A sweet and tangy opportunity
The other day my sister came over to my house for barbecue.
I don’t usually invite my sister over for cookouts because she is picky about her barbecue. No one can smoke a brisket or grill a chicken or char a steak like she can (or so she thinks). But I invited her over for some grilled wings and burgers anyway.
After dinner was over, my sister, the self-professed barbecue snob, gasped, “Where did you find that amazing barbecue sauce for the chicken?”
“Albertsons,” I told her. The sauce I had used was Albertsons’ Signature Select Sweet & Tangy Bourbon Barbecue Sauce.
“We don’t have Albertsons in Florida. How do I get some?” she asked. I had no answer for her. Which got me thinking about the opportunity that grocery retailers have in showcasing and selling their private brands online.
Many retailers already do this; Cincinnati-based The Kroger Co. and San Antonio, Texas-based H-E-B are good examples. But many more retailers, especially traditional grocers, do not, and it’s a missed opportunity.
“Projections suggest that the e-commerce private label market will quadruple in the next five years as a result of the widespread use of smartphones, improved online interfaces and mobile apps, as well as an expansion of crowd-sourced business models to meet growing shopping and delivery demand,” Steven Howell, solutions sales consultant at Nottingham, England-based Solutions for Retail Brands Inc., told Store Brands sister publication Progressive Grocer recently.
According to Howell, e-commerce has the potential to be a great tool to expand exclusive product offerings and create more brands to be sold exclusively online. And doesn’t it make sense? If my sister could go to Albertsons.com and order that barbecue sauce, she would. (Albertsons recently launched the Albertsons Digital Marketplace at marketplace.albertsons.com in part for hand-crafted and hard-to-find items, but the sauce is not yet available there.) And who knows what else she would buy on Albertsons.com that she wouldn't buy from her local grocer or Target, etc.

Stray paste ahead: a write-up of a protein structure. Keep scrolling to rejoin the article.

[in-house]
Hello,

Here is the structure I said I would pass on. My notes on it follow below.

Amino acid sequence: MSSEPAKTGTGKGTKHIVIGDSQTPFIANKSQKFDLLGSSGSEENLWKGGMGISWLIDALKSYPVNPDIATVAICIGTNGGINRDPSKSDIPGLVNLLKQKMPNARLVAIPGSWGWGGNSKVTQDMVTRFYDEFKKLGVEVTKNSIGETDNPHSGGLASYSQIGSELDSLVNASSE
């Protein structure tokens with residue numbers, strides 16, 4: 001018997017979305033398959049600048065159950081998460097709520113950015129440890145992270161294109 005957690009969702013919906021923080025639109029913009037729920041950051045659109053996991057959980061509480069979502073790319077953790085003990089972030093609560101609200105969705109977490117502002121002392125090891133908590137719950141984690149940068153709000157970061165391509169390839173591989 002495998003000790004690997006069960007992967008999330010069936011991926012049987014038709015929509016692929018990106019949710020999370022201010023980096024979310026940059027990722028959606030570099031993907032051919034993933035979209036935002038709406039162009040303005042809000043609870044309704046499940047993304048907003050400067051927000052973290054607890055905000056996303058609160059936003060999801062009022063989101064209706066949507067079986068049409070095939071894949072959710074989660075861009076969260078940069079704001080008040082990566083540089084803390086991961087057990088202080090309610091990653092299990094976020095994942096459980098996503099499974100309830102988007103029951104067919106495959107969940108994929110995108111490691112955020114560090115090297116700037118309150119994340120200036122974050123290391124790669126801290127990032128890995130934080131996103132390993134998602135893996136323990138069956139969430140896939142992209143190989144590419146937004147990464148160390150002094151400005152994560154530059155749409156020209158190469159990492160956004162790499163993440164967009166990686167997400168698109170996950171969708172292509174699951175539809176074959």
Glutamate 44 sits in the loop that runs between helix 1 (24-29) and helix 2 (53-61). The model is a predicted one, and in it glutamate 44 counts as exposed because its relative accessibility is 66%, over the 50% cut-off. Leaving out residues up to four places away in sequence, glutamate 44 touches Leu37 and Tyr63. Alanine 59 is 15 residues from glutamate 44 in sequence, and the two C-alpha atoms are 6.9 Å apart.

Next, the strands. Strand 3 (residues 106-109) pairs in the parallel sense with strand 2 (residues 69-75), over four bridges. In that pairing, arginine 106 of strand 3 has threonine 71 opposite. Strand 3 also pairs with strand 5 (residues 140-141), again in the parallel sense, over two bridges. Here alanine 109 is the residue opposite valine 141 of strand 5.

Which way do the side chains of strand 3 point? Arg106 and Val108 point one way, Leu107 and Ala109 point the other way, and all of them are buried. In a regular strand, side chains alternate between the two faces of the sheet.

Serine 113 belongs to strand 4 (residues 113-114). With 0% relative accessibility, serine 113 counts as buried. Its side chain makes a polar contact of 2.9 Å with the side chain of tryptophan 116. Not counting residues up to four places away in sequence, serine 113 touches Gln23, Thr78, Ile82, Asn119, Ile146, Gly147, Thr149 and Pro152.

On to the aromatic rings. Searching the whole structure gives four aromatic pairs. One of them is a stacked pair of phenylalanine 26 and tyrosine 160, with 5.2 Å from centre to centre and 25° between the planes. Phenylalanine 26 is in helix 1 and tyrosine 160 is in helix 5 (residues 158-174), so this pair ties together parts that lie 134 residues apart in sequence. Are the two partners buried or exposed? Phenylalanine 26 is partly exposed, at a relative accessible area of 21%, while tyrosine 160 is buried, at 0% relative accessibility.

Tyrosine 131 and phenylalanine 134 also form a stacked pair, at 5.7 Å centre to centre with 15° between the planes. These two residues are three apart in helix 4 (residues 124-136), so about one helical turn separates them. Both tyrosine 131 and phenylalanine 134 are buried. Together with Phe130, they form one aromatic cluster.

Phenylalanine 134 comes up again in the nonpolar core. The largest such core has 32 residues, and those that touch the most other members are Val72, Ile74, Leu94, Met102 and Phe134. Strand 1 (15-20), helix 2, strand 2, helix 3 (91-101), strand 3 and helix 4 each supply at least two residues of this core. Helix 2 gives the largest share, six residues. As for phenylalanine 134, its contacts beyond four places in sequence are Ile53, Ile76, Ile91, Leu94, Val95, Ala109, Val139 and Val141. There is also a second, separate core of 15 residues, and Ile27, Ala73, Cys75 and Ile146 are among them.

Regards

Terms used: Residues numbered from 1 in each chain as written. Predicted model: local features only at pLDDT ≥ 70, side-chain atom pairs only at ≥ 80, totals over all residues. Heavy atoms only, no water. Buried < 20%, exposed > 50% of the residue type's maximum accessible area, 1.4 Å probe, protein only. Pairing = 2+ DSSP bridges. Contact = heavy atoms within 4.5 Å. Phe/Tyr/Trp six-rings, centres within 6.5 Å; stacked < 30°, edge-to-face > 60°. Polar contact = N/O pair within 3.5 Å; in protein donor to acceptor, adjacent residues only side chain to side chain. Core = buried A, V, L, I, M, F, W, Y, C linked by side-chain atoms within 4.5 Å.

One food retailer leveraging this opportunity is Boxed.com, which sells private brand and branded bulk groceries online. This summer Boxed is showing grocers how private brands can have a robust online presence. The company offers a grocery private label line called Prince & Spring that has garnered much loyalty from shoppers. This summer Boxed did something that most traditional grocers might not have thought of: It launched an Instagram account for the private brand.
“A brand leverages every touchpoint to establish meaningful connections with its customers,” says Jeff Gamsey, senior vice president of private brands at Boxed. “One way we hope to accomplish that is by using social media to augment the story of Prince & Spring in a more compelling fashion. Launching a dedicated Instagram account provides new ways for us to showcase products, design and other topics that are important to the brand in an aesthetically pleasing way.”
Boxed says it is using Instagram as a channel to communicate sales and promotions for its private brand, and the strategy is working. The company says it sees immediate spikes in follower engagement after posts, especially those with recipes. Additionally, the retailer’s #StellarHour posts — which feature cocktail recipes made with Prince & Spring Stellar Seltzer — have become an effective way to showcase the versatility of the product.
But beyond Instagram accounts and viral recipe videos, why can’t my sister go to Albertsons.com and order the Signature Select barbecue sauce?
Grocery retailers looking for an edge in the omnichannel race should speed up their grocery infrastructure so they can showcase and sell their private brands online, even in markets where they do not have physical stores.